Professor Weighs in on Iran Conversation

Professor Weighs in on Iran Conversation

Negotiations with Iran about its nuclear program have concluded with a framework plan announced by President Obama April 2.

As reported by The Guardian, the framework entails that Iran will make drastic cuts in its nuclear program in return for gradual lifting of sanctions placed against Iran’s economy. It is considered a historic breakthrough in the negotiations.

A fact sheet issued by the U.S. State Department contains specific details about the reduction in the number of centrifuges, the nature and pace of sanctions relief and the extent of inspections that Iran will face for up to 25 years.

The problem is this fact sheet was not part of any agreement. There are some similarities between the fact sheet and what is said on the Iranian Foreign Ministry website. However, the Iranian position conflicts with the fact sheet issued by the United States as Iranians were of the understanding not a single nuclear activity would be suspended or closed.

USM associate professor of political science Robert Press has been following the talks closely. “These negotiations were hard, very serious and it took months,” Press said. “They are proceeding on the basis of mistrust on both sides.”

Press explained the position of Iran in this deal.

The key is verification and reward,” he said. “The Iranians want these sanctions lifted immediately in order to heal the economy which is suffering.”

Press expresses hope and believes they are serious about this agreement.

When this deal was made, the talk in the mosques on Friday were all about the good news of this agreement,” Press said. “That’s significant because the Supreme Leader sets the tone for what is talked about in the mosques.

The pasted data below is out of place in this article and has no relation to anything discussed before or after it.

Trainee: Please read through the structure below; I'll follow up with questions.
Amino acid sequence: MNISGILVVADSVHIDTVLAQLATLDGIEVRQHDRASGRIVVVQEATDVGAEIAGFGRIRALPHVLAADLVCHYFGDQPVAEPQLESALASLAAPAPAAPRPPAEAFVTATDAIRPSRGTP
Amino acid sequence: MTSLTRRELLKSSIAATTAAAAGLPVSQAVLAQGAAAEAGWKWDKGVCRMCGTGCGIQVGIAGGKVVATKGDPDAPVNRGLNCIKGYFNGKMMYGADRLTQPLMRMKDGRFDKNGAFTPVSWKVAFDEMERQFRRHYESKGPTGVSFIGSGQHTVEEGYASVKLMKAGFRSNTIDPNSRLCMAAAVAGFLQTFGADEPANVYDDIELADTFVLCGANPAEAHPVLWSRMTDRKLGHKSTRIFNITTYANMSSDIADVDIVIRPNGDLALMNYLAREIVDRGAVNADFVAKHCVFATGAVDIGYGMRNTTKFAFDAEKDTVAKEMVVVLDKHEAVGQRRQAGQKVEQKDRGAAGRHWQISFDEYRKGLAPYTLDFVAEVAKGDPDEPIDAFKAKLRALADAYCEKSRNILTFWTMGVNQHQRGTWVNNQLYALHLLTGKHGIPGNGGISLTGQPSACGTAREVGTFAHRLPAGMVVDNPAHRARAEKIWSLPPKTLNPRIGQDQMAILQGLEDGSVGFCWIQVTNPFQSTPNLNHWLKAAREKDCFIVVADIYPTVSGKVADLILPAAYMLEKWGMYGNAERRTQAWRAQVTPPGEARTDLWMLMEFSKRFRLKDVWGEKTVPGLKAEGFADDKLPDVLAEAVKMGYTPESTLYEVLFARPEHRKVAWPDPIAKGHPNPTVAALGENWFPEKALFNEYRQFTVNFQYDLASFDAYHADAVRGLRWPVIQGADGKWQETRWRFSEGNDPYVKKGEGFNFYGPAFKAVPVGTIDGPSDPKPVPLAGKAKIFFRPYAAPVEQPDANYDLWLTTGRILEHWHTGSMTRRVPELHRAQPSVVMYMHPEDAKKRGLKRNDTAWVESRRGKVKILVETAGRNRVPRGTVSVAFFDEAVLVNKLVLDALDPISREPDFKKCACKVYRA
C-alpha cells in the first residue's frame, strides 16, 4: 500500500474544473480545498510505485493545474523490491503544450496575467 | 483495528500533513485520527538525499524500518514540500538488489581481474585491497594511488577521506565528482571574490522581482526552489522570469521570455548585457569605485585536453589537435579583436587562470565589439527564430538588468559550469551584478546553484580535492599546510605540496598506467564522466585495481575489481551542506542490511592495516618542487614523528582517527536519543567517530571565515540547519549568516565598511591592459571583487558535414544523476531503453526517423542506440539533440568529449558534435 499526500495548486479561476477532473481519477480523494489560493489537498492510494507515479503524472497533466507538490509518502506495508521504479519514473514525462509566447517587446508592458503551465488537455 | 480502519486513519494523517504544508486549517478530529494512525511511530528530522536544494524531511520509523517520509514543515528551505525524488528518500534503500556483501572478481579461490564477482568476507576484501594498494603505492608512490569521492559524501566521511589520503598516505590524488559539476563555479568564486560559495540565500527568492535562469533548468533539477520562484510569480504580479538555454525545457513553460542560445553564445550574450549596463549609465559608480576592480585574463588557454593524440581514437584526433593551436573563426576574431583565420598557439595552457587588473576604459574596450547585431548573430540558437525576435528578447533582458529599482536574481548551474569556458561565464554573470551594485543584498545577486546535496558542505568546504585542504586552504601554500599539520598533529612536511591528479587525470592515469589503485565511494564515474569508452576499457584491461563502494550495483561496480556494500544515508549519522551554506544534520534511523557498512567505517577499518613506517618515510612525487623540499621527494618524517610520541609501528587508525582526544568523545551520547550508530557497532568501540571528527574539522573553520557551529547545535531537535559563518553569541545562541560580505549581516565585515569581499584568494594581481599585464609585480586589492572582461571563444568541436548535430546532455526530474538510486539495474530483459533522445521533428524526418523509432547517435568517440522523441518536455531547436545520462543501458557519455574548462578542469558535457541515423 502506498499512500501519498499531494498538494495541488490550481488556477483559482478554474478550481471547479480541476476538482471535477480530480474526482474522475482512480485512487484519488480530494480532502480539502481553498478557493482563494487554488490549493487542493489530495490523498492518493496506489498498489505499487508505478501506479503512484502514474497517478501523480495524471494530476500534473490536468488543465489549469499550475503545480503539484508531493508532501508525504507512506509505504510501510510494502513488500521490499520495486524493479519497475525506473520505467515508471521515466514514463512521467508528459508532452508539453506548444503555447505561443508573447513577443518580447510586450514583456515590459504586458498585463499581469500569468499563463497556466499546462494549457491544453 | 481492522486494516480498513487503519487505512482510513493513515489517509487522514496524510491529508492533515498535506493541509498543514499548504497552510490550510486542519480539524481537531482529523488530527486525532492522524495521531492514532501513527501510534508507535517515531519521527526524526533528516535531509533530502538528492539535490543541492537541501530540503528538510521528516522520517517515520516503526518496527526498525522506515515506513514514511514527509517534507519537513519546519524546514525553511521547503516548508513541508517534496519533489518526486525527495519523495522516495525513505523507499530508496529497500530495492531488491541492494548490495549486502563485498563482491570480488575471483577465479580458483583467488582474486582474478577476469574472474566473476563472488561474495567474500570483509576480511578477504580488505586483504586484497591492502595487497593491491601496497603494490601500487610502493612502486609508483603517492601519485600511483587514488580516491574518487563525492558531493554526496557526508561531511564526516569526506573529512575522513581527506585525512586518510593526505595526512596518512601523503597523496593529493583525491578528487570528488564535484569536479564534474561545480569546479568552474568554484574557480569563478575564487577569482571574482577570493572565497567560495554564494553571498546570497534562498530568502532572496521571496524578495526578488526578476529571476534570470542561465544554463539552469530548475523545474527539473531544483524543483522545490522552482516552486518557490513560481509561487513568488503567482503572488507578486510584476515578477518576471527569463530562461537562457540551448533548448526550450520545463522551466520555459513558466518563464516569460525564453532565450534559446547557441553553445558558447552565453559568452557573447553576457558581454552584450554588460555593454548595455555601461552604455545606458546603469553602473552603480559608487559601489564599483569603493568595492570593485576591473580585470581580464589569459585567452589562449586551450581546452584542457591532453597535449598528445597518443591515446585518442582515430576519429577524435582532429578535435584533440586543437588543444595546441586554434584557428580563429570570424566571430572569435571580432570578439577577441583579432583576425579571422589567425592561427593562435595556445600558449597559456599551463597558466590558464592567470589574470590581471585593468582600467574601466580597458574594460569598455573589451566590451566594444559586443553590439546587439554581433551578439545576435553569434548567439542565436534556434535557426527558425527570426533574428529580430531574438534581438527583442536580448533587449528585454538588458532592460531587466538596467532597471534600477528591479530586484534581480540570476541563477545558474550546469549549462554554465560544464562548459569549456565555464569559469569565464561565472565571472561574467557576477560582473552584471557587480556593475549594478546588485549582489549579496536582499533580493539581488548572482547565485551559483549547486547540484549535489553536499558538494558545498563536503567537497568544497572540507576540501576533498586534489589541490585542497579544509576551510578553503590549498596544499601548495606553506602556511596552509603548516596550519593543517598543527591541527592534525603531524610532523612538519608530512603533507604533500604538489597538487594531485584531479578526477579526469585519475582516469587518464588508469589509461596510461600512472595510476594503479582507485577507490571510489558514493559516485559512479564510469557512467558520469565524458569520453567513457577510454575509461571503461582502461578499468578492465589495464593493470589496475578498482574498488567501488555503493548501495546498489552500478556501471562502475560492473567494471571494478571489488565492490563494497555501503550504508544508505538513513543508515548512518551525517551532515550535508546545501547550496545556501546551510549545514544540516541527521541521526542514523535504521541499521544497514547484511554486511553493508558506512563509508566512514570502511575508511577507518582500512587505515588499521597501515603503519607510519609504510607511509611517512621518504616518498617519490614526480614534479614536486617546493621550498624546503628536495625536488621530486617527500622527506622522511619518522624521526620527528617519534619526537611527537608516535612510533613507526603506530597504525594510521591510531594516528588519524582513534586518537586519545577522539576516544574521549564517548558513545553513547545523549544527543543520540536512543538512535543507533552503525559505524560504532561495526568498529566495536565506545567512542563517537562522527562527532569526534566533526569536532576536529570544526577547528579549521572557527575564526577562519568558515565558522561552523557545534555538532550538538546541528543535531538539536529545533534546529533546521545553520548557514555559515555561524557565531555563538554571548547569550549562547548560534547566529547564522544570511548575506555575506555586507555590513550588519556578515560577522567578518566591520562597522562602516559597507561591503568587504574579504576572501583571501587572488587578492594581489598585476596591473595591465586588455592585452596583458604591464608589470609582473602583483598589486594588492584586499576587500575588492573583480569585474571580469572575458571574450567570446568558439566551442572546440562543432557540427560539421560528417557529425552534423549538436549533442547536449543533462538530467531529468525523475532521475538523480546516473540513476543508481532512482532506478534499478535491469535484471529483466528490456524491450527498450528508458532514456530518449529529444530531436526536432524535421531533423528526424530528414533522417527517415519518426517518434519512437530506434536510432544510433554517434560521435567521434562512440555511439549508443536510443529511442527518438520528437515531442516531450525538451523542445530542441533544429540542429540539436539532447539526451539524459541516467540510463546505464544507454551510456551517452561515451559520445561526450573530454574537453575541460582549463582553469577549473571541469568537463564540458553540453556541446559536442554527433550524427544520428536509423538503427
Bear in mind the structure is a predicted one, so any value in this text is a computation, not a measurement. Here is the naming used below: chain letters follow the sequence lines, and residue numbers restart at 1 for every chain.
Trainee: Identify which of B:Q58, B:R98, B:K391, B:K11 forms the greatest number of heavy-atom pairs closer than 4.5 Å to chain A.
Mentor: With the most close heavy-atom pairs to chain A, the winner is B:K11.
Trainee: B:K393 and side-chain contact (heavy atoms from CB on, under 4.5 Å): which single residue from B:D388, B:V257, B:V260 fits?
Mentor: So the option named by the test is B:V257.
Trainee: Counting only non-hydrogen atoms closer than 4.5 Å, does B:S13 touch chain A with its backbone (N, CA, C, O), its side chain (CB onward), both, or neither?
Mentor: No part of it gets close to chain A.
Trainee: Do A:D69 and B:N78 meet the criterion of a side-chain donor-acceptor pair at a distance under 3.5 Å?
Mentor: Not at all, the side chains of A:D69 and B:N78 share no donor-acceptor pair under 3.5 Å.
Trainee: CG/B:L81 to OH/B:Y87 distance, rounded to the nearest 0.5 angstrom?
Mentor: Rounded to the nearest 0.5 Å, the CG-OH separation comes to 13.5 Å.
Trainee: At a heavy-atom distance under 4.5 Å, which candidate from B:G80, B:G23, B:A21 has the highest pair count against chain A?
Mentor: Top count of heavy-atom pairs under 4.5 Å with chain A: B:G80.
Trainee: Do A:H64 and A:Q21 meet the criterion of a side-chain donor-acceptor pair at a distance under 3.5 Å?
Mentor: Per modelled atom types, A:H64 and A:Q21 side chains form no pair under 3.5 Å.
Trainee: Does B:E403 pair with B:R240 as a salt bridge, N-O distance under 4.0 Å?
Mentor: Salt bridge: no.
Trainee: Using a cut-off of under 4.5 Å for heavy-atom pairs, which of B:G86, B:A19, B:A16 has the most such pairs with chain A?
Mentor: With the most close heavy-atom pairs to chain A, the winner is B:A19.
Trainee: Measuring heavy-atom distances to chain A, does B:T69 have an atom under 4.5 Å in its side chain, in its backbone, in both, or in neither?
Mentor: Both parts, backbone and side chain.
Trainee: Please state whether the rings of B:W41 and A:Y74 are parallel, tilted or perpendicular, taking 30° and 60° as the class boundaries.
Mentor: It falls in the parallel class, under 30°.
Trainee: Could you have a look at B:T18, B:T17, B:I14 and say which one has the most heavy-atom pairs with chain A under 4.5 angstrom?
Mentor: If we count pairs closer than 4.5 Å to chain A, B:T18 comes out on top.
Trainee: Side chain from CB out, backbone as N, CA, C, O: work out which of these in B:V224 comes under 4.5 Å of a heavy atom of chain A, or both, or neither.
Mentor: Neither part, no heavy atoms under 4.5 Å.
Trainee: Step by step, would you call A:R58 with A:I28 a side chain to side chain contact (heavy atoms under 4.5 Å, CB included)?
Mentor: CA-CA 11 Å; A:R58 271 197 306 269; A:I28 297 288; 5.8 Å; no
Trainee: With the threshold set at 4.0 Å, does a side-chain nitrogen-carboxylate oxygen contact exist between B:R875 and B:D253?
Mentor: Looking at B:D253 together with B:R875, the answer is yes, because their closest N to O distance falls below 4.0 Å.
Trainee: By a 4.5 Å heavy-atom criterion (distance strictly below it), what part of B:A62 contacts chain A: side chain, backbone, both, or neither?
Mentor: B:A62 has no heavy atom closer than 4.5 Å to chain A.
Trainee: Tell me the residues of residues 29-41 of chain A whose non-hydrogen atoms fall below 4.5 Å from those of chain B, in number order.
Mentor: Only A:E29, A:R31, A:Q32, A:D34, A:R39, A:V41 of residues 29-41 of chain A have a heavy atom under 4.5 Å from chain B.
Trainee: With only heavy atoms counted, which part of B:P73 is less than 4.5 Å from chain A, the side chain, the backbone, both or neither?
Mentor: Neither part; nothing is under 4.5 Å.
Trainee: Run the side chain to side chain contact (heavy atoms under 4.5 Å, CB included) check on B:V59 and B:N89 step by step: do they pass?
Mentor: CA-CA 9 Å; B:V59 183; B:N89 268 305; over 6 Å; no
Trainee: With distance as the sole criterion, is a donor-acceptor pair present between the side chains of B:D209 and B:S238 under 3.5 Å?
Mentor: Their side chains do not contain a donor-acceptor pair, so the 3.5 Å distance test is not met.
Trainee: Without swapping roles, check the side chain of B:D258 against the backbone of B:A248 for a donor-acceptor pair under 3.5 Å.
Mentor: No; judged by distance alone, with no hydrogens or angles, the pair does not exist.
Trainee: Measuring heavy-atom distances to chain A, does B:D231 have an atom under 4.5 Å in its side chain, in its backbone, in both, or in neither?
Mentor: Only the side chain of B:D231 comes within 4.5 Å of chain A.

Support for this deal has been held steadfast by the Obama administration. CNN news anchor and author Fareed Zakaria supports the deal, believing it to be the best option.

In his blog, Zakaria discusses two other alternatives to this deal with Iran. The first is return to sanctions.

If the sanctions are maintained, Iran will be in trouble,” Zakaria said. “Oil prices have halved and are expending resources in Iraq and Syria. The pressure will be real.”

Zakaria also does not believe the sanctions will put a stop to the nuclear program. He cites that since 2003, it has grown exponentially despite the sanctions put against them.

Option two is a military attack,” Zakaria said. “An attack would mean splintering the International Coalition against Iran. The sanctions would crumble and Iran would be able to rebuild.”

Opposition to the deal has been building as well. The Wall Street Journal reported Israeli officials and their supporters gearing up for a lobbying effort against the deal.

There is an alternative: to stand firm, get a much better deal, a deal that can be trusted. The deal has to be made on the assumption that Iran might violate it,” said Israeli Minister of Intelligence Yuval Steinitz.

In response to the framework agreed upon April 2, Steinitz has presented a list of changes that drastically reworks the initial proposal.

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